“My part in Goodland has ever been a blessed privilege, never a task. And still, as always, I would say, with the Apostle Paul, ‘This one thing I do.’”
Bella Gibbons was born in Arkansas and raised in North Carolina. She came to Indian Territory to devote her life to the education of Indian children. Thus began nearly 40 years of continuous service for Mrs. Gibbons, missionary-teacher at Goodland Indian orphanage in Choctaw County. In that span she helped build the school from a one-room frame building into a plant comprising three dormitories, two school buildings, laundry building, and several cottages.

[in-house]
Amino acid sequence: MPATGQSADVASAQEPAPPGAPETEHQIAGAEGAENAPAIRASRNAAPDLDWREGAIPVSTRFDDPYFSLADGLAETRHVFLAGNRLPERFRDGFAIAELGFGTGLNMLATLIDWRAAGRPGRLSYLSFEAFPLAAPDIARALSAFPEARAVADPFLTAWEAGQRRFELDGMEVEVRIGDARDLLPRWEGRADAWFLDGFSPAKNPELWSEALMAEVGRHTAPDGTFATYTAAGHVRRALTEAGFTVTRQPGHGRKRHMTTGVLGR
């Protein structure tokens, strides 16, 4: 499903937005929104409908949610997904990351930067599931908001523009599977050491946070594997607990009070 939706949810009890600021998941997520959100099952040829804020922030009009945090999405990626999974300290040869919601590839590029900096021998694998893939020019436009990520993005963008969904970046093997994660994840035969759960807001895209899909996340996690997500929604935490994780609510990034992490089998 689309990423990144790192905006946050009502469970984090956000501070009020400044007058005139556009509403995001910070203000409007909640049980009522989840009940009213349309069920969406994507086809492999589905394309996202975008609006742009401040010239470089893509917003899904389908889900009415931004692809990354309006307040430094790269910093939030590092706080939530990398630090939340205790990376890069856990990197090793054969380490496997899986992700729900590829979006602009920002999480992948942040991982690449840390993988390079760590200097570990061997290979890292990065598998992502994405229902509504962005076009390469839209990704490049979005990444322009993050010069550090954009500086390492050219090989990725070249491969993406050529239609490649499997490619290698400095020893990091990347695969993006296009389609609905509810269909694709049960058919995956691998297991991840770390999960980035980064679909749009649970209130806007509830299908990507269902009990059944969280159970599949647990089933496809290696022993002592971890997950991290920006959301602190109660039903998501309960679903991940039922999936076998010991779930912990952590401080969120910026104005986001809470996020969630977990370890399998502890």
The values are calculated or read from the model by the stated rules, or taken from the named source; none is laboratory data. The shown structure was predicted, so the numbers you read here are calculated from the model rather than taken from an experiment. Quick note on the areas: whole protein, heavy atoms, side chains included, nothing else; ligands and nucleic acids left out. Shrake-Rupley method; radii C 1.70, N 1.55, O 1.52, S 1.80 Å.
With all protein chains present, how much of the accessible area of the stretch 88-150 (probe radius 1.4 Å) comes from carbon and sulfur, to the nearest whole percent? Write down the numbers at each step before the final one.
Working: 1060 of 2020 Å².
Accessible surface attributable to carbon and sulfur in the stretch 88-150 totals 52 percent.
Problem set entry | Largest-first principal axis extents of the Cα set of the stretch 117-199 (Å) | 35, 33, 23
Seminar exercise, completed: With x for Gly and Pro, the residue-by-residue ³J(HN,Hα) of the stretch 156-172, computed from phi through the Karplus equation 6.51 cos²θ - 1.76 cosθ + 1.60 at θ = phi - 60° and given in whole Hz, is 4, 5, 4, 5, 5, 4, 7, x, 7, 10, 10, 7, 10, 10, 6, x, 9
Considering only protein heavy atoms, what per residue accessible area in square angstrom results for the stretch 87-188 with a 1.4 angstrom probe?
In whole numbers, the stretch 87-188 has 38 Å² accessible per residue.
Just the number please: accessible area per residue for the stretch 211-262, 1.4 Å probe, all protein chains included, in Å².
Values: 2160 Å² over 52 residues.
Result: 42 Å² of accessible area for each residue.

In 1901, she married Rev. J. P. Gibbons, home missionary to Native Americans and minister of the Goodland Presbyterian Church until the time of his death in 1918. To the children she taught, Mrs. Gibbons was more of a mother than a teacher. Upon statehood, she was named chairman of the county board of examiners for teachers. In 1930, when Gov. W. J. Holloway established the state capitol at Goodland for a day, she was named a colonel on the governor’s staff – making her the first woman to receive this distinction.
Bella Gibbons was the first white woman to teach Native American children in Choctaw County.
Gibbons came to Oklahoma in 1898 as a missionary teacher with the Goodland Indian Orphanage.